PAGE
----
The Robert Burns Memorial in Stanley Park

Saturday is Robert Burns’ 255th birthday. In 1928, a memorial to this celebrated Scottish poet was dedicated in Stanley Park. It was the first statue erected in Vancouver.

Robert Burns statue in Stanley Park, 1940s. Jack Lindsay, photographer. Reference code AM1184-S1-: CVA 1184-2705.

Robert Burns statue in Stanley Park, 1940s. Jack Lindsay, photographer. Reference code AM1184-S1-: CVA 1184-2705.

In February 1924, inspired by a recently published critical analysis of Burns’ work, the Vancouver Burns Fellowship was formed to encourage the study of Burns’ life and works and the singing of his songs. The group also hoped to erect a statue of Burns in Stanley Park.

The original executive of the Burns Fellowship. Page 9 of “Vancouver’s Tribute to Burns”, 1928, reference code PR 4331 R24.

The original executive of the Burns Fellowship. Page 9 of “Vancouver’s Tribute to Burns”, 1928, reference code PR 4331 R24.

The original caption for the above image reads:

Above are the enthusiastic Burnsians selected as original executive of Burns Fellowship. In the minds of these men the thought of a worthy memorial assumed practical shape, and it is largely as a result of their whole-hearted endeavors that such a magnificent memorial has been erected. Several of the original members are still on the executive, including the President, the Hon. Secretary, and the Hon. Secretary of the Statue Fund.

Reading from left (Front row) Rev. Alex. Thomson, James Taylor (Hon. Secretary of Statue Fund), P. McA. Carrick (President), Alex. McRae (Vice-President), and A. Fraser Reid (Hon. Secretary of Fellowship). (Back row) David Murray, John Macdonald and John MacInnes.

In October 1924, the Fellowship approached the Vancouver Scottish Choir and the Scottish Orchestra to help with fundraising for the statue. On August 22, 1925, they started their fundraising with a music festival at the Brockton Oval that raised over $100 in spite of the weather. Fundraising continued with a wide variety of activities including whist drives, dances, more music festivals and sales of pamphlets and buttons.

Attempts were made to commission an original statue but the organization thought that the designs submitted did not look enough like Robert Burns. They decided to purchase a replica of the Burns statue designed by George Lawson in Ayr, Scotland. The cost was $5,000, and the statue was shipped from England to Vancouver via the Panama Canal.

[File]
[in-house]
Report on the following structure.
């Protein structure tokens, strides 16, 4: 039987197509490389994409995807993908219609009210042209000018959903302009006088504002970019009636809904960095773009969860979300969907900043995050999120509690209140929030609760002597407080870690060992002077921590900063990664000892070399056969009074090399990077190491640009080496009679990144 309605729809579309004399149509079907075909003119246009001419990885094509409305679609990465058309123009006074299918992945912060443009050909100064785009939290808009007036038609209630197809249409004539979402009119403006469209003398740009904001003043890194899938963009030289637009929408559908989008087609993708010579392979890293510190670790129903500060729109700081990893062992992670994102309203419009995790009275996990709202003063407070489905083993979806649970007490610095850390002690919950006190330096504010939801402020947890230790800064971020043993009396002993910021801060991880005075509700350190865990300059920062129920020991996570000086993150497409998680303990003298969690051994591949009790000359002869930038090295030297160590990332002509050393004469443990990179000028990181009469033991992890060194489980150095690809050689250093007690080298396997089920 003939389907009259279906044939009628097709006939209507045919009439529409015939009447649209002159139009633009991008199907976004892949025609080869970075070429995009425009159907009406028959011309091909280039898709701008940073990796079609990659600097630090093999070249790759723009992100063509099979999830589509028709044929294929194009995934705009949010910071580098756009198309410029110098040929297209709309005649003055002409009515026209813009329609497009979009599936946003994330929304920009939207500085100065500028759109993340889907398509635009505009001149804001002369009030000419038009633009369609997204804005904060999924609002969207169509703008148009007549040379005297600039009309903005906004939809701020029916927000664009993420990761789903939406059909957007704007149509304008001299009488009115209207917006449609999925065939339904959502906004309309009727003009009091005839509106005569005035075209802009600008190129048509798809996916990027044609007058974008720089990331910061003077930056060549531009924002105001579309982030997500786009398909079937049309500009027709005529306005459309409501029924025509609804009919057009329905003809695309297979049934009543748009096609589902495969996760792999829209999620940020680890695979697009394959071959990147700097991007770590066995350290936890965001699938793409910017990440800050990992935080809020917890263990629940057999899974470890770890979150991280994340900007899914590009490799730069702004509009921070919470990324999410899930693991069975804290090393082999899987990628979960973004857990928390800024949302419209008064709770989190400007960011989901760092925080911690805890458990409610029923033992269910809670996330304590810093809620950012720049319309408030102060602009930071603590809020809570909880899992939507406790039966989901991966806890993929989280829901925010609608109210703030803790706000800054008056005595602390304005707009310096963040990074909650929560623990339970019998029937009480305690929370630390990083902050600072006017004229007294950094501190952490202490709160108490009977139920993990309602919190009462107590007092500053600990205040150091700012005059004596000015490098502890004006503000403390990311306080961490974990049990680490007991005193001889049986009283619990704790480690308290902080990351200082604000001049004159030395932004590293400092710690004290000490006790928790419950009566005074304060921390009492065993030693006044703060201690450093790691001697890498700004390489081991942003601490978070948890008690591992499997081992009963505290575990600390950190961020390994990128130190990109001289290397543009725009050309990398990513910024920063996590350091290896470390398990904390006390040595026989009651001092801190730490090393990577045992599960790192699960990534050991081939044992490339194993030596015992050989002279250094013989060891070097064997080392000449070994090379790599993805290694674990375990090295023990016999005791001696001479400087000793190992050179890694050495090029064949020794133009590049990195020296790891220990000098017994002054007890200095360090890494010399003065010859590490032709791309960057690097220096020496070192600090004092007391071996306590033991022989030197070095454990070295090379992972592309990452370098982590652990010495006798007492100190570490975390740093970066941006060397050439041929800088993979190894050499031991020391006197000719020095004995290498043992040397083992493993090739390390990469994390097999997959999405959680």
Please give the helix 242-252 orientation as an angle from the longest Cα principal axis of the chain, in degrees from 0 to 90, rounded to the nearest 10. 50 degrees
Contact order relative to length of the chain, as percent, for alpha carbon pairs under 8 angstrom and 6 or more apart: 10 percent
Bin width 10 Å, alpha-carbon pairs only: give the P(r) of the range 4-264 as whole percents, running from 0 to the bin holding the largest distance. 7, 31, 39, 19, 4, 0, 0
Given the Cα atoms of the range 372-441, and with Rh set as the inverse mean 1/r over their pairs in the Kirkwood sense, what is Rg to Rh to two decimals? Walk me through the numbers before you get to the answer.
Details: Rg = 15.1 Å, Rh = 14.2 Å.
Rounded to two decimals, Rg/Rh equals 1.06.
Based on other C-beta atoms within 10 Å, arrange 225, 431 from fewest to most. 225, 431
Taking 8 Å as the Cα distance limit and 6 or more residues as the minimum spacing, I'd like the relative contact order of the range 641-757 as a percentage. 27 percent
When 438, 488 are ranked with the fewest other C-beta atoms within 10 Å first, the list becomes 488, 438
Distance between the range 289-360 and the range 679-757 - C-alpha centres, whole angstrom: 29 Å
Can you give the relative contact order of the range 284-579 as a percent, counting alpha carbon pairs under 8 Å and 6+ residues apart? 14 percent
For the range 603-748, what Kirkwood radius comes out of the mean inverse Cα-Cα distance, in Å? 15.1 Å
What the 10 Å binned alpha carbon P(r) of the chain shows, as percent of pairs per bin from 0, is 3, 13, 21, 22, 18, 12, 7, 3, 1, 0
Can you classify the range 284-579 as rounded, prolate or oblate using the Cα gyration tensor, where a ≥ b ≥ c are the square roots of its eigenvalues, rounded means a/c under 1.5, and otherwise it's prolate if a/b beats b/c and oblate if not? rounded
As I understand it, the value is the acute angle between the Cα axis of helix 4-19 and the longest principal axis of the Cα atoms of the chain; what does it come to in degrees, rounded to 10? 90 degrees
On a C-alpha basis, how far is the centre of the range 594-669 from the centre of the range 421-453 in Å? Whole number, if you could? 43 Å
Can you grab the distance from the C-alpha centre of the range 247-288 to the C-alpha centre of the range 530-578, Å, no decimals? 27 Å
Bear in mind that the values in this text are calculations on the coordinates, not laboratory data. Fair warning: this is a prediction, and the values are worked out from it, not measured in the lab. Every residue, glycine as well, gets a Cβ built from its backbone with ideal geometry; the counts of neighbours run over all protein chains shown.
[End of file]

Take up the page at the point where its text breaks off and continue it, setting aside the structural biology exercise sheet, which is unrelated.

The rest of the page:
A further $2,000 was raised to create a granite pedestal for the 9-foot bronze figure. The pedestal was created in Vancouver by Patterson and Chandler and is set with 4 bronze panels.

Invitation to the unveiling and the dinner at the Aztec Room of the Hotel Georgia. From the file “Societies - Vancouver Burns Fellowship” in reference code AM54-S23-1.

Invitation to the unveiling and the dinner at the Aztec Room of the Hotel Georgia. From the file “Societies – Vancouver Burns Fellowship” in reference code AM54-S23-1.

The unveiling ceremony was August 25, 1928 and was followed by dinner at the Aztec Room of the Hotel Georgia.

Ex-Prime Minister of Britain Ramsay MacDonald, August 25, 1928. Photographer W.J. Moore. Reference code AM54-S4-: Port P1240.

Ex-Prime Minister of Britain Ramsay MacDonald, August 25, 1928. Photographer W.J. Moore. Reference code AM54-S4-: Port P1240.

The Right Honourable Ramsay MacDonald, ex-Prime Minister of Britain, arrived by train that day with his three daughters. It has been reported that a large crowd welcomed him in spite of his arrival time of 7:30am. He was, coincidentally, in Canada on vacation and agreed to unveil the monument.

A portion of the crowd at the unveiling, August 25, 1928. Page 23 of “Vancouver’s Tribute to Burns”, 1928, reference code PR 4331 R24.

A portion of the crowd at the unveiling, August 25, 1928. Page 23 of “Vancouver’s Tribute to Burns”, 1928, reference code PR 4331 R24.

The unveiling ceremony featured music by the pipe band of the 72nd Seaforth Highlanders and the Vancouver Scottish Choir. The proceedings were broadcast using loudspeakers so that the crowd, estimated at 10-12,000, could hear the program. Motion picture films were made of the ceremony and later shown in theatres in Vancouver and across Canada. A court stenographer created a verbatim record of the proceedings, which is reproduced in Vancouver’s Tribute to Burns.

Sixteen different organizations laid wreaths at the foot of the monument. Attached to the wreath from the St. Andrew’s and Caledonian Society of North Vancouver was this poem by W.S. Mitchell:

O Robin, could ye see the day
When buirdly Scots in great array,
On Britain’s shores that face Cathay
Your memory mark
Wi’ nine fit bronze, on granite base,
Such as the toon o’ Ayr doth grace;
Wi’ Presidents you’ve got your place
In Stanley Park.

And there, where wanton breezes stir
The stately taps o’ Douglas fir,
Midst scent o’ roses and o’ myrrh
You stand on guard—
A monument, a mark a guide
To those wha walk and those wha ride,
That Scotsmen tak’ an unco pride
In Coila’s bard.

Born in a humble theekit cot,
With hardship for they earthly lot,
Perchance thy Muse had little thought
To live aince mair
In hearts o’ men the humble flower
And Patriot Bard, whose rhyme has power
To banish care.

The menu from the dinner after the unveiling. From “Vancouver’s Tribute to Burns”, 1928, reference code PR 4331 R24.

The menu from the dinner after the unveiling. From “Vancouver’s Tribute to Burns”, 1928, reference code PR 4331 R24.

Three hundred people attended the banquet that evening, entering the room to the sound of bagpipes. The proceedings—speeches, songs and toasts—were broadcast on radio station CKWX. They are recorded in Vancouver’s Tribute to Burns.

Enjoy Robbie Burns Day!

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